Dining out? Put focus on friends over food

chow_042216-86530086Now that spring is here, I seem to be going out for dinner with friends a lot more often. I have already gained five pounds. Besides choosing a salad as my main dish, what else can I do to be sure I don’t overeat when eating out?

First, don’t assume that all salads are necessarily lower in calories than other choices on the menu. A quick Internet search of nutrition information for one restaurant chain showed its entree-sized salads ranged from 440 calories for a salad featuring seared tuna to 1,510 calories for a Caesar salad with chicken.

Unfortunately, it’s often not easy to determine what would be the healthiest option or figure out what items have a reasonable number of calories. Rules requiring restaurant chains to include nutrition information on menus, in the works since 2010, have been delayed until next year at the earliest. And even then, they won’t cover independently owned restaurants and smaller chains.

There’s also a psychological hurdle: When you join with friends to enjoy a meal together, it’s easy to switch into “special occasion” mode and treat yourself to items you wouldn’t necessarily choose every day. But if you’re eating out more often, you need to be careful not to indulge every time.

Here are some tips from the Association of Nutrition and Dietetics (eatright.org) and the National Institutes of Health (medlineplus.gov):

  • Prepare ahead. If you know you’ll be eating out later, have a small, healthy breakfast and lunch, and a light snack — such as an orange, a small apple or a handful of baby carrots, and a full glass of water — before you leave for the restaurant. And if you know where you’ll be dining, check the restaurant’s website to see if you can find nutrition information ahead of time.
  • Watch portion sizes. Dietitians have long advised clients who are trying to lose weight to eat only half of what is served to them and take the other half home for another meal. Now, some say that even half of the oversized portions served at many restaurants might be too much. When you get your food, visualize what a sensible serving size would be, and eat only that much.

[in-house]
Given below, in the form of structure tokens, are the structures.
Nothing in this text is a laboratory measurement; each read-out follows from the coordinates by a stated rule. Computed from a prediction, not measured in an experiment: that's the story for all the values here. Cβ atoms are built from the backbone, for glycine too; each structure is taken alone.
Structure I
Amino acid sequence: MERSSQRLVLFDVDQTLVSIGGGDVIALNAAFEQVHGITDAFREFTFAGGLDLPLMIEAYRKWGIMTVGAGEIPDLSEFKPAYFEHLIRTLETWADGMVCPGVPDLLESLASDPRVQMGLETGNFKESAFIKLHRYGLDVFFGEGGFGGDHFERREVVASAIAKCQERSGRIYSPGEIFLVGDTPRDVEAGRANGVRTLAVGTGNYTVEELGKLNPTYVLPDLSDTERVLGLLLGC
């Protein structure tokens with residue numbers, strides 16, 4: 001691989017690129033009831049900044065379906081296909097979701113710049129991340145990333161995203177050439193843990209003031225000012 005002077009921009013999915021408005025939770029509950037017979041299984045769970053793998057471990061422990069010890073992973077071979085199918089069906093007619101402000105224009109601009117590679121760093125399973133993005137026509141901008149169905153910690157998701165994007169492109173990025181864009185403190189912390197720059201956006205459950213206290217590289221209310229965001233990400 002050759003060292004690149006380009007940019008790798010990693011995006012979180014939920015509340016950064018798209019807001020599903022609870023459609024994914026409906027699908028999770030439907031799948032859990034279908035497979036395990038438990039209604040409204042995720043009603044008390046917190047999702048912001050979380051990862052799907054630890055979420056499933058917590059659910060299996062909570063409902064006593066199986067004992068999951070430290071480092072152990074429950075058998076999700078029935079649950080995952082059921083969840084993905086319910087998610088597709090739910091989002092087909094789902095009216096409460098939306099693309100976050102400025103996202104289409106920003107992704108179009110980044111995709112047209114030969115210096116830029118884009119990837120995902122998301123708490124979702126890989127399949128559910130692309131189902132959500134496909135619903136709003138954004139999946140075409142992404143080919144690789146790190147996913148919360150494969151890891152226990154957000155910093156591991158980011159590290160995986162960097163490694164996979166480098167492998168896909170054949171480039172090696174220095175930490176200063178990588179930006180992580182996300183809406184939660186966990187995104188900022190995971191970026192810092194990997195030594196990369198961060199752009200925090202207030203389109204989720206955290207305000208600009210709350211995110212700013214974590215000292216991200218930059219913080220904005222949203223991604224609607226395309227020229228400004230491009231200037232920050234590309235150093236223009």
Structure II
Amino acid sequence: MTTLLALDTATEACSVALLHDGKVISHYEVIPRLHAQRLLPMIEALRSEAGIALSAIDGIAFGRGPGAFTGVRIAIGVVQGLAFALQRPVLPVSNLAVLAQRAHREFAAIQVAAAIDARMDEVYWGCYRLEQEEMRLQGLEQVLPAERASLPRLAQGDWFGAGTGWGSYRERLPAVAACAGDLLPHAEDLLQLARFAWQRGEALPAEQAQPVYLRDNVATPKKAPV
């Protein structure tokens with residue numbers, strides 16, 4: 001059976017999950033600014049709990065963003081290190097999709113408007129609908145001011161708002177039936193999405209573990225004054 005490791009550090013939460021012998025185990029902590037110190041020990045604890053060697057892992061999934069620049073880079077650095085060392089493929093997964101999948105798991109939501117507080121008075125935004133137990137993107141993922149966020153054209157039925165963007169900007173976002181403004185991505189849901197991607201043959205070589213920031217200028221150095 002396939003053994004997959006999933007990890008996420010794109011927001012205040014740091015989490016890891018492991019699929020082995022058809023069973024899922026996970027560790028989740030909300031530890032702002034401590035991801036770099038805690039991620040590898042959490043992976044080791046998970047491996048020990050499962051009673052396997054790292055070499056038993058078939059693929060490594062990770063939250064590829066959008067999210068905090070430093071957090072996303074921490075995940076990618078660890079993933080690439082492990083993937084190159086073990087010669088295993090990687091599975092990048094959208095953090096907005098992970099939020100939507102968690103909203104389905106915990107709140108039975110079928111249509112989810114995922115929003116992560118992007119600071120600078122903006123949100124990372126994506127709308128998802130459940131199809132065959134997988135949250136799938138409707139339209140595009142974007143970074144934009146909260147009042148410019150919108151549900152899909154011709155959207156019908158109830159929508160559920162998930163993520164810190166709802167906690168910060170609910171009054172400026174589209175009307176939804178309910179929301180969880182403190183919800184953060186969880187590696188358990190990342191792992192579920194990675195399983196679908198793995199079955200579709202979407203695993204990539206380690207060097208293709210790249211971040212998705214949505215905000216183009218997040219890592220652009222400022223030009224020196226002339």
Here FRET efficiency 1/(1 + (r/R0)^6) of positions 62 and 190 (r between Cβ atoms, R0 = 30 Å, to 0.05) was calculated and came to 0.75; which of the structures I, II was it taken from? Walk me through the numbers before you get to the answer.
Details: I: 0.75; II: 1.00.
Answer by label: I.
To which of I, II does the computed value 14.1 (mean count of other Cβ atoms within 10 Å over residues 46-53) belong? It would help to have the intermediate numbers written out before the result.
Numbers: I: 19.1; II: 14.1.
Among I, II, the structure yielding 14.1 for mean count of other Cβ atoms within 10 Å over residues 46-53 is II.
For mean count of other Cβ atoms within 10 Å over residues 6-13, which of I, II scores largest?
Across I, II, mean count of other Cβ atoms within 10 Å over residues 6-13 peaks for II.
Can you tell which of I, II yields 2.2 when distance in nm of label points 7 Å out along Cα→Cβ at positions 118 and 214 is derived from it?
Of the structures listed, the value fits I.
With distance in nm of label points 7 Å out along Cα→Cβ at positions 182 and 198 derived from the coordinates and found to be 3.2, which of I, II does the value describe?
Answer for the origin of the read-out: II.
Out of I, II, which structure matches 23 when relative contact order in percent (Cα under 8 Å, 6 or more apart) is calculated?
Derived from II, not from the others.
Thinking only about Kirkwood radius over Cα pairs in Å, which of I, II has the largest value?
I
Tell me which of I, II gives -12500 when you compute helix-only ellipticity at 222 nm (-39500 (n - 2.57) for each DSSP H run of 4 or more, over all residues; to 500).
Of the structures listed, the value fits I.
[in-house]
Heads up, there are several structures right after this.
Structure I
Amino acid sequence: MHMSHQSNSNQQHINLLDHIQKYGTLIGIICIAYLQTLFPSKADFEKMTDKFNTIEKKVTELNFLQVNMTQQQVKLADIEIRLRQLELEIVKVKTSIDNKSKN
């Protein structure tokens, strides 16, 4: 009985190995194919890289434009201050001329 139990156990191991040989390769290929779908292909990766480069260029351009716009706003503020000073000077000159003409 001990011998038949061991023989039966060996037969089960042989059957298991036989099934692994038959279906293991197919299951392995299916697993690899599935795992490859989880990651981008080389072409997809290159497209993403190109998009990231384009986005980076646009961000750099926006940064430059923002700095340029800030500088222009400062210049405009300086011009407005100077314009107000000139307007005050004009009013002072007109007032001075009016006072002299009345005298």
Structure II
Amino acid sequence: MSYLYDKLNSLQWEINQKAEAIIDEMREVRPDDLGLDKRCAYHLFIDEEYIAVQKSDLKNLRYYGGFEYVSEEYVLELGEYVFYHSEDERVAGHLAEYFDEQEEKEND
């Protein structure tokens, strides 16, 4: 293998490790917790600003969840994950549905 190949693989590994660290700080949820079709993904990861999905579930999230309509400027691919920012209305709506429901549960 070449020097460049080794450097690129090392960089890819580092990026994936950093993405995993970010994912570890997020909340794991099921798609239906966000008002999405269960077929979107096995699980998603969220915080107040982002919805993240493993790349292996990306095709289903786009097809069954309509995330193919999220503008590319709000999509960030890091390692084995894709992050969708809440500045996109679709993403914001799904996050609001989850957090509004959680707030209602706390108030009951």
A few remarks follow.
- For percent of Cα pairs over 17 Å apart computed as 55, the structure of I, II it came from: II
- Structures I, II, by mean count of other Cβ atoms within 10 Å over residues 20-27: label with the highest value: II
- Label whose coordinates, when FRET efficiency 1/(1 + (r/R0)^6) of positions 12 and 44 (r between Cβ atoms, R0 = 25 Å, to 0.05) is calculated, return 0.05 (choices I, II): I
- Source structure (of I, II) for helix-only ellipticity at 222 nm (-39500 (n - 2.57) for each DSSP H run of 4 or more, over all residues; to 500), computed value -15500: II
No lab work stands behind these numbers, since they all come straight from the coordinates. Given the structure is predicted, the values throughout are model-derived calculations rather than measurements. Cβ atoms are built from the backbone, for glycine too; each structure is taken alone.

• Look on the menu for items for seniors, which are often smaller portions, or those designated as healthful choices. Don’t overlook those options thinking they’re not for you.
  • Include a simple side salad with an oil-based or light dressing. Avoid creamy dressings. Ask for dressing on the side, and don’t use all of it.
  • Choose foods that indicate they are broiled, grilled, steamed, poached, roasted or baked, which tend to have fewer calories. Words that indicate an item has more calories include breaded, fried, buttered, battered, crispy, creamy and au gratin.
  • Watch the alcohol, which adds calories and may increase your appetite and lower your resolve to eat healthfully.
  • Finally, enjoy yourself, knowing you are mindfully making the right choices while savoring the company of good friends.

Chow Line is a service of the College of Food, Agricultural, and Environmental Sciences and its outreach and research arms, Ohio State University Extension and the Ohio Agricultural Research and Development Center. Send questions to Chow Line, c/o Martha Filipic, 2021 Coffey Road, Columbus, OH 43210-1043, or filipic.3@osu.edu.

Editor: This column was reviewed by Irene Hatsu, food security specialist with Ohio State University Extension.

For a PDF of this column, please click here.

Saturate yourself with information about oils

edible oils